I love auto shows, and I suspect anyone who considers themselves even a casual “car guy” also loves the bling of the new models and the promise of futuristic concept cars on display at these big tent events.
During the past two weeks, the best of the auto industry was on display at the 2013 North American International Auto Show — more commonly known as the Detroit Auto Show. The show was extremely well-attended, and one of the reasons why was the plethora of big reveals by so many of the world’s largest auto manufacturers.
For example, Ford (NYSE:F) unveiled the “Atlas,” a smartly designed concept truck that is the template for the next generation of the workhorse — and company cash cow — F-150 pickup truck. Not to be outdone by Ford, rival General Motors (NYSE:GM) came on strong with the next generation of its iconic Corvette sports car. The C7 “Stingray” features an all-new design that’s intended to appeal to both traditionalists and newbies to the high-performance brand.
Various other brands also made big reveals in the Motor City, including Toyota (NYSE:TM) with its new Corolla Furia, as well as its luxury brand Lexus IS 350 F Sport; Honda (NYSE:HMC) and its compact Urban SUV, as well as a new version of its luxury brand Acura MDX, and Volkswagen (PINK:VLKAY) with its new sportier, faster and more youth-oriented version of its Passat model.
Of course, I am in the business of investing, and that means I also see auto shows through the prism of more than just a kid in a candy store. Yet while all of these new models and concept cars look downright gorgeous in the perfect lighting of Detroit’s Cobo Center, that doesn’t mean investors should buy a stock based on the bling.
In fact, when it comes to revenues that sustain the lifeblood of automakers, it’s usually the more boring models that can make or break a company’s bottom line.
In the case of Fiat’s (PINK:FIATY) Chrysler, that company sells more Dodge Ram pickup trucks than any other model. Toyota’s bland mid-size Camry sedan is its top seller, while Honda sells more of its über-practical Civic model than anything else. GM might have a love affair with the Corvette, but its biggest seller by far is the Chevrolet Silverado pickup truck.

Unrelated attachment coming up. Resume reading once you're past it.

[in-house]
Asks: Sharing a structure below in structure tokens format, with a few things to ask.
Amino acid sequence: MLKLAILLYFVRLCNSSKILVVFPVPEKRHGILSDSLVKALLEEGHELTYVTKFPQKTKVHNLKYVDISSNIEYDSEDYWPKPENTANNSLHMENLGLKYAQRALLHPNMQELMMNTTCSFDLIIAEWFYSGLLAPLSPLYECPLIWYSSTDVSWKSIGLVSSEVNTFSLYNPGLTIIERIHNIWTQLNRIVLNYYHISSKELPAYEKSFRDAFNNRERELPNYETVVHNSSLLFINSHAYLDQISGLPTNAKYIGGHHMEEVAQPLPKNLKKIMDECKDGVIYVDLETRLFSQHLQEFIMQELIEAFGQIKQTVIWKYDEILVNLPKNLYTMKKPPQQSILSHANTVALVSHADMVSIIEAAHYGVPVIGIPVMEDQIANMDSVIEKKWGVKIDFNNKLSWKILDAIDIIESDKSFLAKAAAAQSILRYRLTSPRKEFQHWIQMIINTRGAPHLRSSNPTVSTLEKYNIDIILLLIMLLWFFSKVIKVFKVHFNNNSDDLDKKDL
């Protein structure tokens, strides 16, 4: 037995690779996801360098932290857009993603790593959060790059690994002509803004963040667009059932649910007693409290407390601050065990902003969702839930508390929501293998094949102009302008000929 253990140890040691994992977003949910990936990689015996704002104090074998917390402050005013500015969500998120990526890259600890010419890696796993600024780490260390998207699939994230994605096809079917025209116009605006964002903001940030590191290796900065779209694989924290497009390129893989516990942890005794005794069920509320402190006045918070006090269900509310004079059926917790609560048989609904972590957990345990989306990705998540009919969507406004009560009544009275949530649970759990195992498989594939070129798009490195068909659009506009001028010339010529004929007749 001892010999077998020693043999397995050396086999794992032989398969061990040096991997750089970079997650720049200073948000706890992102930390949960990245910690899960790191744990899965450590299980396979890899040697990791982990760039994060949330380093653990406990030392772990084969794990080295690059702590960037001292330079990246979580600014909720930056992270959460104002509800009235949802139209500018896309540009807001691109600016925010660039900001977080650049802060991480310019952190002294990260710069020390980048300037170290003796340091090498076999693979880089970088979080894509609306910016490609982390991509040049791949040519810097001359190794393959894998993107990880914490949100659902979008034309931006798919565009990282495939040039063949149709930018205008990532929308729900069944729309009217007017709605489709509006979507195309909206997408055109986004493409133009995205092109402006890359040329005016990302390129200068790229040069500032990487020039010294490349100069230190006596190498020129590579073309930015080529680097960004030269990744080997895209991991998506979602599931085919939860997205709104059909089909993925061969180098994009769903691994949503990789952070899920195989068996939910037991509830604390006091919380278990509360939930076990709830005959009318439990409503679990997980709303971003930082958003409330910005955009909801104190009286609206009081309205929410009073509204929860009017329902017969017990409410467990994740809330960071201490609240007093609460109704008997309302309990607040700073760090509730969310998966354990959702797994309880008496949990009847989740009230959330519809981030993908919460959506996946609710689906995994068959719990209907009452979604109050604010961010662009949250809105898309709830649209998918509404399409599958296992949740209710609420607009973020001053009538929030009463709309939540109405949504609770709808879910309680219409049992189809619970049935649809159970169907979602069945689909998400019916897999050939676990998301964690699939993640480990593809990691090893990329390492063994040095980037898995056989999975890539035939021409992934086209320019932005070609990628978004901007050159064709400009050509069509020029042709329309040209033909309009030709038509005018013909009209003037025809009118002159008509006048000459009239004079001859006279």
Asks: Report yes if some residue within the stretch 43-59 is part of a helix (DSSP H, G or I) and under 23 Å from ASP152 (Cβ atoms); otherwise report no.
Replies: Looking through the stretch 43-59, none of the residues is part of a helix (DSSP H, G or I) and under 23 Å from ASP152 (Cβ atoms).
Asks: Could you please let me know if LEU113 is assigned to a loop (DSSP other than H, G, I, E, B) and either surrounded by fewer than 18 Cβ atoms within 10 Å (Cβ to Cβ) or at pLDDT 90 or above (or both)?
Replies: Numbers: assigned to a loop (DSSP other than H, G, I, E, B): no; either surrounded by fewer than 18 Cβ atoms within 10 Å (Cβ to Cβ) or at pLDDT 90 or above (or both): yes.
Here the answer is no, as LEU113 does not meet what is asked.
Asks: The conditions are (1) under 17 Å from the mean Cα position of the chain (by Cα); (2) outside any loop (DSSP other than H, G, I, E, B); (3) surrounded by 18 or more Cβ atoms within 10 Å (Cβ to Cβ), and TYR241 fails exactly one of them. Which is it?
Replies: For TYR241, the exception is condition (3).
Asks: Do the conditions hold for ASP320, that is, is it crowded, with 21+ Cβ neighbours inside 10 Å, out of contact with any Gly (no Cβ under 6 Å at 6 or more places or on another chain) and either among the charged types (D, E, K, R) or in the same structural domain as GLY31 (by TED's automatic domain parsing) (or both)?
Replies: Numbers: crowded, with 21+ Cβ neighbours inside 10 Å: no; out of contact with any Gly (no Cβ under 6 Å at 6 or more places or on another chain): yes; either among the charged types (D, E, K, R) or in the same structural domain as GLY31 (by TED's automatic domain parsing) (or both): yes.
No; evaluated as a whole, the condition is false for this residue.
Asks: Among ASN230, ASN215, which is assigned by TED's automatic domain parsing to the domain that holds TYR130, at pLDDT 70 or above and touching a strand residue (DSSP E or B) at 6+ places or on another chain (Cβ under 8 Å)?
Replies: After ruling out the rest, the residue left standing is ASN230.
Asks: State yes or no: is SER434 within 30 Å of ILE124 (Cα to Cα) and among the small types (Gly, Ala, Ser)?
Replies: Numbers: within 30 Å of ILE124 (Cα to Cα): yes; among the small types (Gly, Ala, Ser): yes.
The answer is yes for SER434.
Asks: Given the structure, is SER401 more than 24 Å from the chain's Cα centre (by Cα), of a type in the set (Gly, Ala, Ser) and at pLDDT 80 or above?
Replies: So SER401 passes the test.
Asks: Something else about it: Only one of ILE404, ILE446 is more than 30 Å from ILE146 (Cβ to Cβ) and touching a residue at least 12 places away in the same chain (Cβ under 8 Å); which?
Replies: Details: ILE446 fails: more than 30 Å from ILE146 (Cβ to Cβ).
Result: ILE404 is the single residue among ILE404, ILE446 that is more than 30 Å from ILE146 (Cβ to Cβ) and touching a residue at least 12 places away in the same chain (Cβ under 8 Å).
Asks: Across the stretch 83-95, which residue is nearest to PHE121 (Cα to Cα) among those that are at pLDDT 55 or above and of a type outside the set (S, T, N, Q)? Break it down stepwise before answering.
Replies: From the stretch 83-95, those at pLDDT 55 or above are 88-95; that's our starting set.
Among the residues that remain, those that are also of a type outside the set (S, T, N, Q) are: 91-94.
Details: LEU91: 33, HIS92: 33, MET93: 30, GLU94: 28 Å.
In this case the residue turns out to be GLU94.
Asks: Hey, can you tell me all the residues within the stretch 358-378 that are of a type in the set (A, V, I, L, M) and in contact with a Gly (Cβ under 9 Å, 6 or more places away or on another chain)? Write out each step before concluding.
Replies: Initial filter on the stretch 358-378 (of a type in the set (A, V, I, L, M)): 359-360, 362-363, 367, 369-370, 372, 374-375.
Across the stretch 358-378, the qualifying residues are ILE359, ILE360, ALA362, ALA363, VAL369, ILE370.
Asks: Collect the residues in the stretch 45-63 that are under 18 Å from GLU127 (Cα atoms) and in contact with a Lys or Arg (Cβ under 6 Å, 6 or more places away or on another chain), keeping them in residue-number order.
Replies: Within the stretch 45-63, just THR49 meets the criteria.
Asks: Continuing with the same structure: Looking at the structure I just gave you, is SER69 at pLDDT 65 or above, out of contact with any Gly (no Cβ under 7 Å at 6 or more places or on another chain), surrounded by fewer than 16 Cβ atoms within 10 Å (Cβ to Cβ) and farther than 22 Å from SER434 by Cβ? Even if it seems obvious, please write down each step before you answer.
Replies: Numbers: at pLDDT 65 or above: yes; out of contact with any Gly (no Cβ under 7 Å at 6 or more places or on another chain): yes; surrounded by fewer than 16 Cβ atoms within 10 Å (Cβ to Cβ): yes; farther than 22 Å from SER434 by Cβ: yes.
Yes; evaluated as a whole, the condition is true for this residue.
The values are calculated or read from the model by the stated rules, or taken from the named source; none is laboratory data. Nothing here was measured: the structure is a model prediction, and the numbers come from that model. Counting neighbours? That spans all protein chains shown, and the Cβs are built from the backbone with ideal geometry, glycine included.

As for Ford, the F series pickup truck is its best seller. In fact, the F series is the best-selling vehicle in the United States — one reason why the company’s Atlas reveal was so closely watched by both consumers and investing types like me. Industry pundits and F-150 owners alike want to be sure the truck they love isn’t going to be tampered with for the worst.
In my opinion, both an F-150 owner and a market watcher, Ford hit the mark with the Atlas and the many fuel-saving changes and technological advancements that will surely make their way into the next generation F-150. Features such as an EcoBoost engine that employs start-stop technologies that enhance fuel economy, active grille and wheel shutters to improve the vehicle’s aerodynamic profile, as well as safety features such as a 360-degree point-of-view camera, are all designed to keep the F-150 out in front of the competition.
I think in the case of Ford, this year’s auto show reveal actually might be good for the stock because the company smartly chose to unveil likely improvements to its best seller.
As for the rest of the automakers, the answer remains to be seen if anything they trotted out will move their respective sales needles.
The bottom line here is that while automakers can make a big splash in the media by unleashing new models and concept cars at auto shows, these events are more intended to get car enthusiasts excited about buying. Think of it as a physical representation of “the dream” of cool car ownership.
Sometimes that dream can help the stock, but for the most part — when it comes to investing — it’s the pedestrian models that count.
So by all means, go to the auto show. Just make sure you go to have fun.
As of this writing, Jim Woods did not hold a position in any of the aforementioned securities.